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Peshawar

January 13, 2018

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72 militants arrested in KP were graduates, postgraduates

PESHAWAR: A number of militants held in Khyber Pakhtunkhwa during the last several years included some highly educated individuals with master’s degrees from various institutions of the country, an official source confided to The News.

The source stated that the regular police and the Counter-Terrorism Department (CTD) of Khyber Pakhtunkhwa had carried out a number of operations across the province during the last few years and apprehended hundreds of militants.

“Over 1,650 militants have been held in operations by the CTD alone or with the local police since September 2014. A total of 1,182 militants associated with different groups were held from September 2014 till the end of 2016 while 473 were rounded up during actions in 2017,” an official serving in the headquarters of the Khyber Pakhtunkhwa Police told The News.

“Some of those rounded up during these actions were highly qualified. As many as 36 had done their masters in various disciplines while another 36 have done graduation from different educational institutions of the country,” the source disclosed.

The militants were held for various offences including terrorist attacks and target killings during the last over three years. Almost all, or most, of these operations were carried out by the Counter-Terrorism Department in support of army, local police and other forces.

As Peshawar remained the prime target, with most of the attacks taking place in the city, the highest number of arrests was also made from the city.

“Despite being educated, many joined the militants because of their ideology as well as for other reasons,” a source said, adding that some key militants who surrendered in the past were also educated. 

The KP Inspector General of Police, Salahuddin Khan Mahsud, when contacted, told The News that this is a fact that some of the militants held in recent years were educated.

“The educated ones include those who studied at madrassas as well as conventional schools and colleges,” he said without elaborating.

“Apart from the graduates and those who had completed their masters in different subjects, there are around 100 others who had passed their intermediate examination while around 274 had done their matriculation,” the source disclosed.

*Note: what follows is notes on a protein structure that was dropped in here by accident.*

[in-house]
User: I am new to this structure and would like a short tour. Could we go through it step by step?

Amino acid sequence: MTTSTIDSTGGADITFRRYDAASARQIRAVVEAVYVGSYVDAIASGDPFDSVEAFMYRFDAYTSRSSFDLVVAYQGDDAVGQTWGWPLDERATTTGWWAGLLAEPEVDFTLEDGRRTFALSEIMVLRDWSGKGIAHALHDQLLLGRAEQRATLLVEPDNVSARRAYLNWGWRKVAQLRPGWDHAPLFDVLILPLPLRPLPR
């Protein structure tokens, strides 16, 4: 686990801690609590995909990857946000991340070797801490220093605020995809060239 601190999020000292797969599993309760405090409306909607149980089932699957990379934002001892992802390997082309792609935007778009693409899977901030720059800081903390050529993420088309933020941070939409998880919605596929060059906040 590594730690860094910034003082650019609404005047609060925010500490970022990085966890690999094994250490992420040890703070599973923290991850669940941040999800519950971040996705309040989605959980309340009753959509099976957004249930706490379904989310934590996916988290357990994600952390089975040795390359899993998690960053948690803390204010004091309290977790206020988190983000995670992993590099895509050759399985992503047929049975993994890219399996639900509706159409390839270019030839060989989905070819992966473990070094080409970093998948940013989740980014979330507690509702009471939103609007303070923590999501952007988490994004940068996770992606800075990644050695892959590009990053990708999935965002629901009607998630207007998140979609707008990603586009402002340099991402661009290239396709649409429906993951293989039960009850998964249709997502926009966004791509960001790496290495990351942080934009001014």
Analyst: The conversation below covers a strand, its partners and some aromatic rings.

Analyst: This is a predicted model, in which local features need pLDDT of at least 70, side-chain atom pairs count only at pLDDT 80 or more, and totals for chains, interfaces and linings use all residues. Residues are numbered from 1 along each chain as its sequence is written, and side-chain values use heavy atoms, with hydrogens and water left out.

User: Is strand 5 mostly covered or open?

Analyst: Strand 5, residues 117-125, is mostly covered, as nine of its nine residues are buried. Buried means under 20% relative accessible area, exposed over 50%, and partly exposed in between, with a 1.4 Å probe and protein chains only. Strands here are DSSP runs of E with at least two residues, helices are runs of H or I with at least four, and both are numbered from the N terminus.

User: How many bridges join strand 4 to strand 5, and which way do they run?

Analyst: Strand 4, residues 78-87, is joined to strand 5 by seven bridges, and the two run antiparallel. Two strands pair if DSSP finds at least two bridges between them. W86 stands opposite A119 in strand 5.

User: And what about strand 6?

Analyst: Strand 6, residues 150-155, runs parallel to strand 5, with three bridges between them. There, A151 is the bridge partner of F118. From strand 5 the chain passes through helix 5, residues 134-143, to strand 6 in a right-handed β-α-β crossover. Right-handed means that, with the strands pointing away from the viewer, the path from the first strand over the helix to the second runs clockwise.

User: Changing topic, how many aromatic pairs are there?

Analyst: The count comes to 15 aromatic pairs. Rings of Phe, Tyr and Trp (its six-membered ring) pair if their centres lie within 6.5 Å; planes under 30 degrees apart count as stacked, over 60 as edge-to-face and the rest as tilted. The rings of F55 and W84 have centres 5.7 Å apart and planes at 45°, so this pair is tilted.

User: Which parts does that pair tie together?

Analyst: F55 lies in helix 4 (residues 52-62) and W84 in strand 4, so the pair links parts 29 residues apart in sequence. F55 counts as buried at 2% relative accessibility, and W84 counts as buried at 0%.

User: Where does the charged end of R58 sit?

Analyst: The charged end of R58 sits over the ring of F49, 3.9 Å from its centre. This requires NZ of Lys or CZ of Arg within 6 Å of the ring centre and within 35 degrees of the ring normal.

They joined one militant group or the other after they left studies or were still continuing their education at various levels.

“The highest number of arrests of militants during the last over three years was made in Peshawar, followed by Swabi, Bannu, Dera Ismail Khan and Mardan. In Peshawar alone, 328 militants were arrested which makes 19.81 percent of the total arrests,” the source said.

Nasir Khan Durrani, who headed the KP Police for over three years, explained that education raised awareness, coupled with increased sensitivity to the issues like social injustice, absence of the rule of law and discriminatory justice.

“Misinterpretation of Quranic injunctions without understanding reference to context and spirit of Islam and idealising era of caliphates and attributing downfall of Muslims to deviations from practices of that era are also among the factors of educated people joining militants’ rings,” Nasir Durrani told The News.

While going through the arrests made in the last almost 10 years, some of the arrested men were still studying in universities and professional colleges when they were held. According to Nasir Durrani, glamourising of vigilantism by the media and intolerance in society due to political and religious leadership are the other factors behind educated people joining militants.

The educated militants mostly did the job of writing literature for their respective groups and operating the social media.

“Out of more than 1,650 militants rounded up by KP Police in the last over three years, 163 went to madrassas for Islamic education. Of these, 94 passed the first grade of their madrassas and had to quit or were still continuing their religious schooling,” the source revealed.

Among those held, more than 300 were illiterate while the status of another 80 was not known, assuming they also could not receive formal schooling.

“A majority of the arrested men are between the ages of 20 and 30. Around 378 of the held militants were from the age group of 20 to 25 while another 330 were from 26 to 30 years old,” the source informed. “Another 140 of those arrested were teenagers aged 14 to 19 years,” he added.

Ideology and other factors were the reason for the involvement of these men in militancy, the source added.

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